Major credit-rating agency Standard & Poor’s reaffirmed Canada’s AAA rating, but warned that it could downgrade the country if the federal government doesn’t take actions to rein in its rapidly rising deficits.
In a release Wednesday, S&P also continued its stable outlook on the rating – the agency’s highest grade for sovereign debt. It said the vote of confidence “reflects our view that Canada’s high wealth, economic diversification, and ample fiscal and monetary buffers, will help the country weather the impact of COVID-19 measures on economic activity.”
“Canada’s public finances were well positioned entering the pandemic to enable a strong policy response to contain its negative impact without weakening sovereign creditworthiness,” S&P said.
The rating confirmation follows a downgrade by another credit agency, Fitch Ratings, in late June, in light of the sharp increase in Canada’s federal deficit and debt. The government rolled out hundreds of billions of dollars in programs in the past few months, to combat the impact of the COVID-19 crisis.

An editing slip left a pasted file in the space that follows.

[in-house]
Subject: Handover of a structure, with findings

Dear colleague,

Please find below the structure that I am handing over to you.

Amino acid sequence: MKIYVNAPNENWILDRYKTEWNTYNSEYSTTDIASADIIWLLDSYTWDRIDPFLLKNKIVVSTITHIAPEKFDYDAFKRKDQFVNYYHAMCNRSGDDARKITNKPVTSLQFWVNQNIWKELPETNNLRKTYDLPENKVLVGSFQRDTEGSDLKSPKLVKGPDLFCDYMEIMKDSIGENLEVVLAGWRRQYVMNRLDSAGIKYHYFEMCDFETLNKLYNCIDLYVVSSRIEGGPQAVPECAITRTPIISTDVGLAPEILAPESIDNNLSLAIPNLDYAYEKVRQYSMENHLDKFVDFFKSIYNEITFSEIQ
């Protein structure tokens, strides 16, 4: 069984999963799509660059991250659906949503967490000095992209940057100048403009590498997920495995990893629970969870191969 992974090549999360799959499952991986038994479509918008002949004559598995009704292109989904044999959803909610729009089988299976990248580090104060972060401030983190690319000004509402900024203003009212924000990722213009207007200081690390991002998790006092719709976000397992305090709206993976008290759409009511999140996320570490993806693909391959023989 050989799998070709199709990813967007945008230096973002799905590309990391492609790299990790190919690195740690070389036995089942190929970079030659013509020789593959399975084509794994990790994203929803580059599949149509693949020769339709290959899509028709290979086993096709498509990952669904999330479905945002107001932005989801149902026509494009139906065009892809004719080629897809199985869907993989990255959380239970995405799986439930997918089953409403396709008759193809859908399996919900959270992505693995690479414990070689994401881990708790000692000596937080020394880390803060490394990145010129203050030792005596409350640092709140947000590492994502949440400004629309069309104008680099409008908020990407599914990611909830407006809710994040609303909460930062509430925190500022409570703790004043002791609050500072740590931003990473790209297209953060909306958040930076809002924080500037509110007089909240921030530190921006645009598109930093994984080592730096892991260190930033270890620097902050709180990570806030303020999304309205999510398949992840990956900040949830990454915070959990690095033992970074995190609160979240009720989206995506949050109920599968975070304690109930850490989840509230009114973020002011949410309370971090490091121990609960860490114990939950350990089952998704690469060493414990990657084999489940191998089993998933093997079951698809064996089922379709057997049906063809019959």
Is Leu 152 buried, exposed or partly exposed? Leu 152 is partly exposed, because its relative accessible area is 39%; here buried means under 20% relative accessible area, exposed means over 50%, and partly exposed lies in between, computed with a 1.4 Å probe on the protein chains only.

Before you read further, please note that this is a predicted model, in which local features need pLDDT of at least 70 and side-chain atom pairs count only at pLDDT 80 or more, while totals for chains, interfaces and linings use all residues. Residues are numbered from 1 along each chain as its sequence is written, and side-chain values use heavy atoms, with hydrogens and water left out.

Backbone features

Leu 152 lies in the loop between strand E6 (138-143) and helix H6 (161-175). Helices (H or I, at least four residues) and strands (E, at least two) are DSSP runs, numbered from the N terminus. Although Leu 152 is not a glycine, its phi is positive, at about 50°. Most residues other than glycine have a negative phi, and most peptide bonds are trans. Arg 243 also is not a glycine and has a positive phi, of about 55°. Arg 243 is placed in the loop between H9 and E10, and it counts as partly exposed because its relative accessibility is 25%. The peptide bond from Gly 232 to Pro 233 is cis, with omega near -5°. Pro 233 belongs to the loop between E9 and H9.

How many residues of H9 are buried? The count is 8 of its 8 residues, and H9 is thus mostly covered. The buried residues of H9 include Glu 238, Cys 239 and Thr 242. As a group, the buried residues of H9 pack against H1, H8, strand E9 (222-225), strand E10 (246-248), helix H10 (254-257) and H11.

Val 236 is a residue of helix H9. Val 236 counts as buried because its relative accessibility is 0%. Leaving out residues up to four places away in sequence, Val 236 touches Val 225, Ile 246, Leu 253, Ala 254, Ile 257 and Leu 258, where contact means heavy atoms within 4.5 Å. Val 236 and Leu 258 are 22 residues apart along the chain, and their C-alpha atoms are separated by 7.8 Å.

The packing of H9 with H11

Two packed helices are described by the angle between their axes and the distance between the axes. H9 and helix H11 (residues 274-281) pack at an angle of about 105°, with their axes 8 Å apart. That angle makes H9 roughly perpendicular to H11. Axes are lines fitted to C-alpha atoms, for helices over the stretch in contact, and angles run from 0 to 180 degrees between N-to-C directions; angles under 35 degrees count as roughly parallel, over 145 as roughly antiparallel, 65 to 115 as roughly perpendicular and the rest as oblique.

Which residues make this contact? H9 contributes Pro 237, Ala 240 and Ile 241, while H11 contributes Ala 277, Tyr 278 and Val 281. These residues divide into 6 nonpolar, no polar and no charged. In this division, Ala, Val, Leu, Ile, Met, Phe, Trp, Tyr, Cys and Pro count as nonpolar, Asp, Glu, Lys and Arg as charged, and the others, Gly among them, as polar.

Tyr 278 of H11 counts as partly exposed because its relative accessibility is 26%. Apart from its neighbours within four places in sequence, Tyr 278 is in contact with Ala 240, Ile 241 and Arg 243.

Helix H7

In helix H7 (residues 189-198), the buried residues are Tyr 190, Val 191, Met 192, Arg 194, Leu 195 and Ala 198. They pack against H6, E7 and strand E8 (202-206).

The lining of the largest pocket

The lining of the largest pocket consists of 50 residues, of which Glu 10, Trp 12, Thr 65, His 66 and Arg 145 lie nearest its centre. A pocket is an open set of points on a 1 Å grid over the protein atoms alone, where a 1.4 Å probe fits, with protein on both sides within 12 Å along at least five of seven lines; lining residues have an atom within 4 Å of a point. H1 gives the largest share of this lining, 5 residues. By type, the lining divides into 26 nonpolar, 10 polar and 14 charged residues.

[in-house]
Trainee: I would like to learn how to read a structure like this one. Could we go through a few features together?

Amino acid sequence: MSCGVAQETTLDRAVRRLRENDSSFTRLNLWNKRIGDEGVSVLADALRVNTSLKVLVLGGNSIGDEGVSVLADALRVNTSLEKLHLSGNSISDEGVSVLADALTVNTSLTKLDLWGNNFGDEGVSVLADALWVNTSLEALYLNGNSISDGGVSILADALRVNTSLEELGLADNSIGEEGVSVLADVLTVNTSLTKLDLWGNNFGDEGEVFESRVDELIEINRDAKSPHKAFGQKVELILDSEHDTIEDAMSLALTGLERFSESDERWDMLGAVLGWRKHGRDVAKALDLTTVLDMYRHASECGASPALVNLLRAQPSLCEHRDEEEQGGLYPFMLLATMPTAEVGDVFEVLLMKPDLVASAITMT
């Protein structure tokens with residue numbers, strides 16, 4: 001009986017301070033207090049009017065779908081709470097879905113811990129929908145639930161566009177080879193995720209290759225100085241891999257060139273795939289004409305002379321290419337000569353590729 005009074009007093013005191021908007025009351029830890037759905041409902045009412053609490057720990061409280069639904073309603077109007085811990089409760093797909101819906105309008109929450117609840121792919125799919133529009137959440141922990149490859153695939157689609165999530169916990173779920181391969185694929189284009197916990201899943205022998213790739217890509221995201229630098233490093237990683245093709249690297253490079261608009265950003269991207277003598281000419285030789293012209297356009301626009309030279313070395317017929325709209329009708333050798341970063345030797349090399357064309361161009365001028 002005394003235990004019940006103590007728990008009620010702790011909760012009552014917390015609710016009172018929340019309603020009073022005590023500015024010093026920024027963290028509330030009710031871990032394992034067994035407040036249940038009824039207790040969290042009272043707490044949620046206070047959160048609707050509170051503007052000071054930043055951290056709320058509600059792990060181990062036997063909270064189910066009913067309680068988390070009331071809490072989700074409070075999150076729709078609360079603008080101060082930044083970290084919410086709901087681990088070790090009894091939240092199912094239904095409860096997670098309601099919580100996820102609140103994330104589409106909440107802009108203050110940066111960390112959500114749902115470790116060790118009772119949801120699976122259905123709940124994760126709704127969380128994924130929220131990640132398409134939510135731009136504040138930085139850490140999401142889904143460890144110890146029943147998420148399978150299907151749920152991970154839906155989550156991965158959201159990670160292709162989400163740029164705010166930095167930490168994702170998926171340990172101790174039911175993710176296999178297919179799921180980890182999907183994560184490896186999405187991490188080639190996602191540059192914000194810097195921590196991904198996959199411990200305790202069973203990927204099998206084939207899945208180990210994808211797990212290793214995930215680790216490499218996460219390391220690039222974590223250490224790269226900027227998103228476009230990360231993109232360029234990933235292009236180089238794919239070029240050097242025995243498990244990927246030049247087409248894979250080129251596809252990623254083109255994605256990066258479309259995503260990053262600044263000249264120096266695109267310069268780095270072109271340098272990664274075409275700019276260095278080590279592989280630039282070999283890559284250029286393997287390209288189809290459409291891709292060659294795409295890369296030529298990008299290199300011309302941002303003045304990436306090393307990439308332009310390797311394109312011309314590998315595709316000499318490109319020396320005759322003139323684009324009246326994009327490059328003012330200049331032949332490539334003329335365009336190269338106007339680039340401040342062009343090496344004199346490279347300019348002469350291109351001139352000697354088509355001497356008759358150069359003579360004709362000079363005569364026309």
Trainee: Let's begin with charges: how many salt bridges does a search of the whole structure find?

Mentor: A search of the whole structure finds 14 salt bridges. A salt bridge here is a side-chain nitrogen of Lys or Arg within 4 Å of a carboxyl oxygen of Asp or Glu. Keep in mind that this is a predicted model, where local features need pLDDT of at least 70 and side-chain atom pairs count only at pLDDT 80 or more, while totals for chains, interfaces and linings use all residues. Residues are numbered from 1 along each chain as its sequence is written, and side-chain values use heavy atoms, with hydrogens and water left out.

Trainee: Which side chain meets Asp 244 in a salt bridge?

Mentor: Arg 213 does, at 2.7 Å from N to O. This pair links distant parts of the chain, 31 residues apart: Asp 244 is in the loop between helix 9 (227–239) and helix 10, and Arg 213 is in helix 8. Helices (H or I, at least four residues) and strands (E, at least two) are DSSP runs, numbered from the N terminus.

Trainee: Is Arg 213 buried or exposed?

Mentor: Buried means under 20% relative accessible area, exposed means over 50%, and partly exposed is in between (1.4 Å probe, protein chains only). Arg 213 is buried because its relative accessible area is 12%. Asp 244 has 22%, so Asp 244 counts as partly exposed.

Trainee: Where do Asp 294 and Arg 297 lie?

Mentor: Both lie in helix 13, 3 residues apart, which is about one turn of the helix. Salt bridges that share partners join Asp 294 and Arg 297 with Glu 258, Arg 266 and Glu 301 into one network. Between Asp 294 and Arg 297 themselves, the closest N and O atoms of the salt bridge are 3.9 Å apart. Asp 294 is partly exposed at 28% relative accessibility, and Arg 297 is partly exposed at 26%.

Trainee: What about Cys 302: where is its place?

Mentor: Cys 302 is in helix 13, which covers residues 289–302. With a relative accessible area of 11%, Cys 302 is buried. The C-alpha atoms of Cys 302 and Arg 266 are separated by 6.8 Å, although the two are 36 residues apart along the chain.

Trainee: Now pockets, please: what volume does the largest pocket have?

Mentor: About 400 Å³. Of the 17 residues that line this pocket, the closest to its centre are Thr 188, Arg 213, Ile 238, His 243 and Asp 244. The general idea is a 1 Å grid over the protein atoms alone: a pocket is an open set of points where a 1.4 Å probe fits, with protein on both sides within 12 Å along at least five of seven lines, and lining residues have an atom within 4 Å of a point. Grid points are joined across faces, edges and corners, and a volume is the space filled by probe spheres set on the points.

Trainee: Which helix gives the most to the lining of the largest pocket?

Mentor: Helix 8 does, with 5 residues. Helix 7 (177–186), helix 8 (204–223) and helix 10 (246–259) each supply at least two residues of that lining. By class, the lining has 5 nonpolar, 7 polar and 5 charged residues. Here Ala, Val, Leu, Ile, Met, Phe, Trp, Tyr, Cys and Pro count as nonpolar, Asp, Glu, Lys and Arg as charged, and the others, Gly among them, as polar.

Since the Fitch downgrade, markets have been watching to see if other rating agencies would follow suit, including the two big names in the industry, S&P and Moody’s. The S&P rating update follows the federal government’s fiscal update two weeks ago, which projected a deficit of $343-billion in the current fiscal year ending March 31, 2021 – 10 times the size of last year’s deficit. The massive spending will send the country’s federal debt above $1-trillion, and raise its debt-to-GDP ratio to nearly 50 per cent, from just over 30 per cent previously.
S&P said the government’s actions in response to the COVID crisis will help the Canadian economy to recover in 2021, which should reduce the deficit next year.
“We expect that the government will prudently taper its support measures as the economy recovers next year, thereby maintaining its strong financial profile despite a higher burden of net general government debt,” the agency said.
“However, we could lower the ratings over the next two years should the deterioration in the government’s fiscal position become more severe and prolonged than we currently anticipate, without positive signals of future corrective actions, and should this be accompanied by unexpected poor economic performance after this year’s sharp contraction,” it warned.
“Although we expect additional support measures will be implemented and the second stage of Canada’s GDP recovery will be more gradual, we believe that fiscal deficits will improve more significantly by 2022 and 2023,” it said.
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